These days some of the people that have encountered what they thought to be the Jersey Devil have been those such as police officers, doctors, public officials and business owners. Many of the claims are from respectable people whom are heavily involved with their community and have nothing to gain by proposing a hoax. Among the very large list of people to report seeing the creature is a woman by the name of Laurie Winkleman and her son, Glenn. One night Laurie had forgotten to turn off some Christmas lights that were decorating a portion of their backyard so she asked her son to accompany her to go out and unplug them. As she reached down to unplug the lights, her son began to tremble in fear and was looking upwards into a nearby tree. He was scared speechless and like a deer in headlights, Glenn had frozen in his tracks. When Laurie looked up she screamed in terror and grabbed her son’s arm pulling at him to follow her. The two of them ran as fast a they could towards their backdoor when they heard what they recalled as a large swooshing sound overhead and the beast landed on their snow covered rooftop, “click-clacking around” as if it were trying to get a footing to turn back around to attack them. Luckily, the Winklemans made it back into their home alive and without harm. The next morning they noticed footprints on the roof so they took photos of it, turning it in to the authorities as evidence to their claim.
A detective made note that the footprints shown in the photo appeared to have been six inches wide and each marking was four foot apart from one another. After consulting with a few animal experts, the conclusion was that the tracks weren’t from any known animal that they could think of. They also concluded that whatever it was may have weighed anywhere from two to three-hundred pounds and walked bipedal (upon two legs). Many skeptics believe that people are mistaking the Great Horned Owl for the Jersey Devil. After all , that particular owl lives in New Jersey, is the largest owl in the United States having a wing span of nearly five-foot and massive claws. The Great Horned Owl also has large eyes that may shine red in certain light and it’s talons are large as well. However, people that have witnessed what they say was the Jersey Devil all state that what they had seen may have been at least six-foot tall, and the wings are bat-like as well. The only other known species to have the head shape and some of the features is the African Hammer Head Bat, however, once again the size and other claims wouldn’t add up. The Hammer Head Bat would also need a lot of fruit and a tropical climate to survive, neither of which can be found in New Jersey.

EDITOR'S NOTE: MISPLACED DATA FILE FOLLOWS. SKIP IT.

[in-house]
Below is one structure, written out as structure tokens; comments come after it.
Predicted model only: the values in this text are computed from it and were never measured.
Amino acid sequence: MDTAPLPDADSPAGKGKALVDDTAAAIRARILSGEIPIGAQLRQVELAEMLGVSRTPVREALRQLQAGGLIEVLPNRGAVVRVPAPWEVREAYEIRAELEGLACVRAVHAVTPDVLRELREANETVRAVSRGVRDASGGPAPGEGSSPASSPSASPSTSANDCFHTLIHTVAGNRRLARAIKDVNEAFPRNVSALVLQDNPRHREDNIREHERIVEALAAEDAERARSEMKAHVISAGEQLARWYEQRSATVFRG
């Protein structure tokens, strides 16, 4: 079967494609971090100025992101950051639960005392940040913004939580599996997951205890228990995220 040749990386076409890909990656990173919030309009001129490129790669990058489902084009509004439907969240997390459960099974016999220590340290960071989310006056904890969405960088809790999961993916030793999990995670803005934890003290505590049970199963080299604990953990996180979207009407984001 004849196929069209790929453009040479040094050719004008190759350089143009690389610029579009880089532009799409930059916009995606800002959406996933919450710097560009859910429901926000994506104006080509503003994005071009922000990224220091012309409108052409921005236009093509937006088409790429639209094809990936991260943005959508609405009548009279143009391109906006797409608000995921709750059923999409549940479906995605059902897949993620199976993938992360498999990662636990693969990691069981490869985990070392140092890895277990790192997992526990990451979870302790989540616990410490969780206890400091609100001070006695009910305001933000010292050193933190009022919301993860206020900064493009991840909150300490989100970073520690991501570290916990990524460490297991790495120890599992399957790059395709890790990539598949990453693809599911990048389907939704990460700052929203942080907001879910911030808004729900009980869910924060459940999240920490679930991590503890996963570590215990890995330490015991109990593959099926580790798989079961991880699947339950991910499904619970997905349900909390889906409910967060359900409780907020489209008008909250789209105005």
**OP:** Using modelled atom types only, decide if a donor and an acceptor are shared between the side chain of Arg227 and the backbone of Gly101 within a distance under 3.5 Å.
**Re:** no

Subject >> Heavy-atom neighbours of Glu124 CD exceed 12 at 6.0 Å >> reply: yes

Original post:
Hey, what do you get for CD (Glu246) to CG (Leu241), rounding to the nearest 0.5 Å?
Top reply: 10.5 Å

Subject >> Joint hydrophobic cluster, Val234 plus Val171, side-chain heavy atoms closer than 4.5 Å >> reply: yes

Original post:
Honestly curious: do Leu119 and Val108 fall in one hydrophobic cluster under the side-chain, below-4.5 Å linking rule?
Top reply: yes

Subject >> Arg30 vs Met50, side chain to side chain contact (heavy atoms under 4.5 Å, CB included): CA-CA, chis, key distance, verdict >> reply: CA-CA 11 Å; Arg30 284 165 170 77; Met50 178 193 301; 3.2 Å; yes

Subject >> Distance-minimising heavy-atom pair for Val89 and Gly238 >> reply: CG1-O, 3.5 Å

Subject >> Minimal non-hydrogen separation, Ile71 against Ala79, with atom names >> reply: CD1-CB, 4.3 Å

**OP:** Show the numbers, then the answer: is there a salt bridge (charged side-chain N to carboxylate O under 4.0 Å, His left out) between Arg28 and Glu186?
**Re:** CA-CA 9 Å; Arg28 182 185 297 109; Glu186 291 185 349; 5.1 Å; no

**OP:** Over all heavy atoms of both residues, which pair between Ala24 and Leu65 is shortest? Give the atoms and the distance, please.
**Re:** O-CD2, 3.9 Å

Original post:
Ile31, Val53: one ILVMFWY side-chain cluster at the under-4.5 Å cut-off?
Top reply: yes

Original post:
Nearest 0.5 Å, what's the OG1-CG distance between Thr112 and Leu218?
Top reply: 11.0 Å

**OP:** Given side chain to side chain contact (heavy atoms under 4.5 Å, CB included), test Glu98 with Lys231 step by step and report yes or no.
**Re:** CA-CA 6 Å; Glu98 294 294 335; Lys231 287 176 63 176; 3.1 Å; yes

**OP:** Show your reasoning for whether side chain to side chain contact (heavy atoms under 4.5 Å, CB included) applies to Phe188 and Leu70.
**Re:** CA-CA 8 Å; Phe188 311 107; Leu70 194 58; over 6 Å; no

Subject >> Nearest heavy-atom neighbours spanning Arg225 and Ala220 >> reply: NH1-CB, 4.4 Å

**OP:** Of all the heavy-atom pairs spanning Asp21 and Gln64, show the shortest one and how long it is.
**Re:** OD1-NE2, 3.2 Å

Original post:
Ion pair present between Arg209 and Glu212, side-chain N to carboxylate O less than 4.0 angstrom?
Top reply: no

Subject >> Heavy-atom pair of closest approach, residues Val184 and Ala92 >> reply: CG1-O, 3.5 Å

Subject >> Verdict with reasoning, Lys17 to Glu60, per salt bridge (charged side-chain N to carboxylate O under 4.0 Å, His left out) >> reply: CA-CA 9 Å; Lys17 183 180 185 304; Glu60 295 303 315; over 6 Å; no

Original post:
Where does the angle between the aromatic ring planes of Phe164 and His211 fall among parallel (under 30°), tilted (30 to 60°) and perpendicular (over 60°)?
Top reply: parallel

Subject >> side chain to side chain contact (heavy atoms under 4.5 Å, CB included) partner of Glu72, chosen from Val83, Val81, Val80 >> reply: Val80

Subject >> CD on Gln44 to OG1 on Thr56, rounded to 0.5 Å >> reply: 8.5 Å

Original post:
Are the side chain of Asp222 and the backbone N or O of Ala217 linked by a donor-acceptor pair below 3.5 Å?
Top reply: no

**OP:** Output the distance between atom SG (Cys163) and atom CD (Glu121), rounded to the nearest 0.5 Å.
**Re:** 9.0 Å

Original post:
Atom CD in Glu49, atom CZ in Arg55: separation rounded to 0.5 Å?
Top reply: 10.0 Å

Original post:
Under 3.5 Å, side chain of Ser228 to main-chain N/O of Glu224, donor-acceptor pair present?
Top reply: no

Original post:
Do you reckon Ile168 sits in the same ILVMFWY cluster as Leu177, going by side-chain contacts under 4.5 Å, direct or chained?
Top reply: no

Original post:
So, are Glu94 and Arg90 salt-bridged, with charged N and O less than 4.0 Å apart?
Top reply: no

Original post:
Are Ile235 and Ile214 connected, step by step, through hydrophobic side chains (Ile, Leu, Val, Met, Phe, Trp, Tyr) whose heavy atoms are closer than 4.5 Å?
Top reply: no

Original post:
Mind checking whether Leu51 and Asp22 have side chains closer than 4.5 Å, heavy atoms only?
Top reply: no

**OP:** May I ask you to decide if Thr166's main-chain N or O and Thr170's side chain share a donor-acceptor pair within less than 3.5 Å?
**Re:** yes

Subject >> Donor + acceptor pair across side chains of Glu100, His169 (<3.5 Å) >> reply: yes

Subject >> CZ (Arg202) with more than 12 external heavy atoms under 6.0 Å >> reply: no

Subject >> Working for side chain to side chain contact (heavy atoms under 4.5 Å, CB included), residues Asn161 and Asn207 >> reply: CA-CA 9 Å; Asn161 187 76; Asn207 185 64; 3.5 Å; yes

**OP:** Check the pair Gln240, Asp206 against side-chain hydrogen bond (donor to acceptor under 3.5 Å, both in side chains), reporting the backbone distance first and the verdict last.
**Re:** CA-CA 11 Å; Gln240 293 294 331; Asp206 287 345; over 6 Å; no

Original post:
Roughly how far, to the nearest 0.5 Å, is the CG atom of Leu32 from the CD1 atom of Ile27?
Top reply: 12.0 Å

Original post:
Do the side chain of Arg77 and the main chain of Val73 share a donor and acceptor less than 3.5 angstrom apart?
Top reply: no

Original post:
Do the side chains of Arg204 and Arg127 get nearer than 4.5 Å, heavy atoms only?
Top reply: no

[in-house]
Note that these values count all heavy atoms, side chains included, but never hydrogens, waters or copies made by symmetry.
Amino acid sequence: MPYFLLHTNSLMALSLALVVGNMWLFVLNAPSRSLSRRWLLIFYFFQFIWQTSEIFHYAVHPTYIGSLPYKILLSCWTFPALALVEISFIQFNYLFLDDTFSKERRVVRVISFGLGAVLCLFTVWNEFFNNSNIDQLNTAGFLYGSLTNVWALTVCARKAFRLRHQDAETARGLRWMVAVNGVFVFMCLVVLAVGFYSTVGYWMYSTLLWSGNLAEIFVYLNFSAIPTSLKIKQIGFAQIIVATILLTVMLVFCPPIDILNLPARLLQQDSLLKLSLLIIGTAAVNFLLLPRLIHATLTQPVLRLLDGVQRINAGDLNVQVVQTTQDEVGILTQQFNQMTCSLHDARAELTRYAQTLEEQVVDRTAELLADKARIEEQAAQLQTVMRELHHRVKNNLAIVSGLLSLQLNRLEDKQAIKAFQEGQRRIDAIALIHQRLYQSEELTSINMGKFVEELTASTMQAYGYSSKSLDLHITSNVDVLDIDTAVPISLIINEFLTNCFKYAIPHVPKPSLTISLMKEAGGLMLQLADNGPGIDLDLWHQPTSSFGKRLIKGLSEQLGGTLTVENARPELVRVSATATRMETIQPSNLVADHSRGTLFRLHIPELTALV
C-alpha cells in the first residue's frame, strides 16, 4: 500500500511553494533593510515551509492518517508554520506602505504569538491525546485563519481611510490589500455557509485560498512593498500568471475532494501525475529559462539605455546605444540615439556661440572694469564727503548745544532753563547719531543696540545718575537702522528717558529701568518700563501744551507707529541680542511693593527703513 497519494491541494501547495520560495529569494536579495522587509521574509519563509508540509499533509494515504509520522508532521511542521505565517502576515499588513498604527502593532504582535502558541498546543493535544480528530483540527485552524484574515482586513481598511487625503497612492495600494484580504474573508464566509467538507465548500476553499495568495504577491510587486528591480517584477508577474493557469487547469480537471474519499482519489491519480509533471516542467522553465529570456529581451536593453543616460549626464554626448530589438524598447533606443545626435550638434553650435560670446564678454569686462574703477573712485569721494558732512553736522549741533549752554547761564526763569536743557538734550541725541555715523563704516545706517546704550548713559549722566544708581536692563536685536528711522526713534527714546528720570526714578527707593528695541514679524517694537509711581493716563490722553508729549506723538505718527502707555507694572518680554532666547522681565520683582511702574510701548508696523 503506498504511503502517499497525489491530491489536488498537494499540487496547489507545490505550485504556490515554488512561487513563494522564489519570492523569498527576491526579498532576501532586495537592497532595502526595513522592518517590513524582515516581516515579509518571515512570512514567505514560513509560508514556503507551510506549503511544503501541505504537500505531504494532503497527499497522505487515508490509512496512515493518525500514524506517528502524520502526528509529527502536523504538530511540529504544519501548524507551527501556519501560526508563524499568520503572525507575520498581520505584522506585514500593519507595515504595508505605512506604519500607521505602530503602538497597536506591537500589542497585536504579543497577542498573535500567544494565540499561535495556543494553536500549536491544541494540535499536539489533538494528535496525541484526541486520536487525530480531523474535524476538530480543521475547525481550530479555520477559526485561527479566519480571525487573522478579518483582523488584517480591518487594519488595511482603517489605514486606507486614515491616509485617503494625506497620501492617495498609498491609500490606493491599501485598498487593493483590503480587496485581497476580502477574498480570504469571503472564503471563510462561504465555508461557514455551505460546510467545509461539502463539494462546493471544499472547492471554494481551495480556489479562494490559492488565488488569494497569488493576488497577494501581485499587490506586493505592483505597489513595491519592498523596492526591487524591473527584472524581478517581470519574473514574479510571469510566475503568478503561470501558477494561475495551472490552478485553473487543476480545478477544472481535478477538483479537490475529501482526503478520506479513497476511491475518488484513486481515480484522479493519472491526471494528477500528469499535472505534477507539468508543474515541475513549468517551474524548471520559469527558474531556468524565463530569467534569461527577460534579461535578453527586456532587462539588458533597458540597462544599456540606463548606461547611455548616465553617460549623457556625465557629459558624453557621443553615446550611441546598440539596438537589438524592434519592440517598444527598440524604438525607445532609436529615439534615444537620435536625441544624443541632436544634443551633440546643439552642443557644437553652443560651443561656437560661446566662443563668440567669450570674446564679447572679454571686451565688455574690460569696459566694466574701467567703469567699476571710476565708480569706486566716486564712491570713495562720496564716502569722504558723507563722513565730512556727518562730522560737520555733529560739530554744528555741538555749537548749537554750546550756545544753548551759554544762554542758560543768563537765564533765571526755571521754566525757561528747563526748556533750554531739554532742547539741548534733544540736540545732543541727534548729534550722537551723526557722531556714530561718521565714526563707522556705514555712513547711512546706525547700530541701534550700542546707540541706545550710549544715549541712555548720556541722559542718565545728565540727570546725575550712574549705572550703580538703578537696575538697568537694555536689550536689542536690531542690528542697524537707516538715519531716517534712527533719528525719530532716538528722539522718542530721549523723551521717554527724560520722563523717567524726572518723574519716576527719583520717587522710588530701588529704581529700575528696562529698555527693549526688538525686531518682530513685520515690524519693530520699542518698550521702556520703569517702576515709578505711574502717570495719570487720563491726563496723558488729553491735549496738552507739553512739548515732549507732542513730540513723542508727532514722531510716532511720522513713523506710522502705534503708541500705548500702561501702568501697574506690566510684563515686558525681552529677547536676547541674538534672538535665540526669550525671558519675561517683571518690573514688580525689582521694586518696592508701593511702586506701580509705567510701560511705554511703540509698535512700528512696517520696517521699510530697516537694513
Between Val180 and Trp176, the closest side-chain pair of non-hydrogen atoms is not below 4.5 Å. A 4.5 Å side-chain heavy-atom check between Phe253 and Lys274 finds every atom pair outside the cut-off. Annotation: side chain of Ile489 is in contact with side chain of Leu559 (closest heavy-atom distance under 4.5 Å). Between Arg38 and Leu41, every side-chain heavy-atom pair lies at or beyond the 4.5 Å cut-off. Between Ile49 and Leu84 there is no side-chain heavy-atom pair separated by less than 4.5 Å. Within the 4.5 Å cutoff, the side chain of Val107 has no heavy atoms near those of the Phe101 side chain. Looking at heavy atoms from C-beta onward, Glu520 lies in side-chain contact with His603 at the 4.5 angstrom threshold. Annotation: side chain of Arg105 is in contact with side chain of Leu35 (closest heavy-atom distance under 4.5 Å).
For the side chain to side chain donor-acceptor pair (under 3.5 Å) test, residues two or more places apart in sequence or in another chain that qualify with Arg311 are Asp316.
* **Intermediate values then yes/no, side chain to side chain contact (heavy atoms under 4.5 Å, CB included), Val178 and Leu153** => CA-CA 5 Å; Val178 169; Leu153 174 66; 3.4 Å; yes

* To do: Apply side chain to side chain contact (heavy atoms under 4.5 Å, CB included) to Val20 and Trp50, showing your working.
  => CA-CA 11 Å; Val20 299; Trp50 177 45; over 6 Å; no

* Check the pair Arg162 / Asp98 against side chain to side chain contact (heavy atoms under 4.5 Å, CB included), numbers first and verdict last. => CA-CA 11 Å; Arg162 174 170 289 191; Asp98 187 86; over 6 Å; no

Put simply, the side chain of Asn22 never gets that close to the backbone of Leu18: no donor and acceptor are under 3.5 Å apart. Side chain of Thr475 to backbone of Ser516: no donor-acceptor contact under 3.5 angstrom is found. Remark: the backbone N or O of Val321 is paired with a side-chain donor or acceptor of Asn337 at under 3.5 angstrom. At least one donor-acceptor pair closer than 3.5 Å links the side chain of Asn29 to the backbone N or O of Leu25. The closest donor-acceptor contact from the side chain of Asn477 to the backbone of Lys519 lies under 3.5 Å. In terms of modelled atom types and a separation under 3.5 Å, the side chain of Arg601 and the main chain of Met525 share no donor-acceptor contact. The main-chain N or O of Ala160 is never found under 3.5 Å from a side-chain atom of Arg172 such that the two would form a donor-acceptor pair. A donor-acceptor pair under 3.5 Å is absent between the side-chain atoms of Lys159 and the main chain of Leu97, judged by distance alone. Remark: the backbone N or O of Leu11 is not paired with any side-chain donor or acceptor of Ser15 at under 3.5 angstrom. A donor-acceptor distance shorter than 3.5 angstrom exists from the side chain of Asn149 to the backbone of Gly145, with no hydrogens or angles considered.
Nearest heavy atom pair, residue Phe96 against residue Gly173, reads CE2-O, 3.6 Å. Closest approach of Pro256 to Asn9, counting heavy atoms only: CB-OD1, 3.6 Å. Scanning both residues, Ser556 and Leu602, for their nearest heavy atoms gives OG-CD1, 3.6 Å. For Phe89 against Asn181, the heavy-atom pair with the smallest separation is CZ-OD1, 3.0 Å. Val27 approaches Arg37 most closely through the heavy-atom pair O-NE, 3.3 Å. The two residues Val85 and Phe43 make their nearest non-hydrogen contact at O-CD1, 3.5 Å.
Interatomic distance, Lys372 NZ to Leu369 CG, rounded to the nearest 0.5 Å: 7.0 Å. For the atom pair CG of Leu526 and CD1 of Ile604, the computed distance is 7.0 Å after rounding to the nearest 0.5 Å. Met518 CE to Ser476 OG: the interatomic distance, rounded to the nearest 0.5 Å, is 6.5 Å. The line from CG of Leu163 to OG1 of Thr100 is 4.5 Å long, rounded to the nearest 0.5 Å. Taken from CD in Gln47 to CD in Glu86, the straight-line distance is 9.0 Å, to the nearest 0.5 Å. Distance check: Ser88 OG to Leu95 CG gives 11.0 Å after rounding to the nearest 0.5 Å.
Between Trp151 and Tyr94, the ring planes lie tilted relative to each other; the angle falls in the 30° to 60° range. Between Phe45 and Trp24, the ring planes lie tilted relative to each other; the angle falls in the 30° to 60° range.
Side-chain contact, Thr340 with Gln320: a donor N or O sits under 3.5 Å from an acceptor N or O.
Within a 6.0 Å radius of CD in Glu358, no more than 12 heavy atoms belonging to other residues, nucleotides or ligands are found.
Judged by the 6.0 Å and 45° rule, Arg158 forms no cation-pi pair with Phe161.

To further examine the situation, the detective had both Laurie Winkleman and her son take polygraph tests, which they passed with flying colors. The examiner said, “If they were in a court case they would be considered worthy witnesses, they are telling the truth and really did see something out of the ordinary in their backyard.” There are no bones, corpses or valuable evidence to prove the creature exists, yet more and more reports are given to the authorities each year. Is it possible that a mystical creature that is cursed to roam Earth until the end of days may be flying around New Jersey and many of the surrounding states?
Until next time…
~ William C. Raustler
This is a painting by George Kuchar – 1985
This is a toy figure of the Jersey Devil, available via cryptomundo.com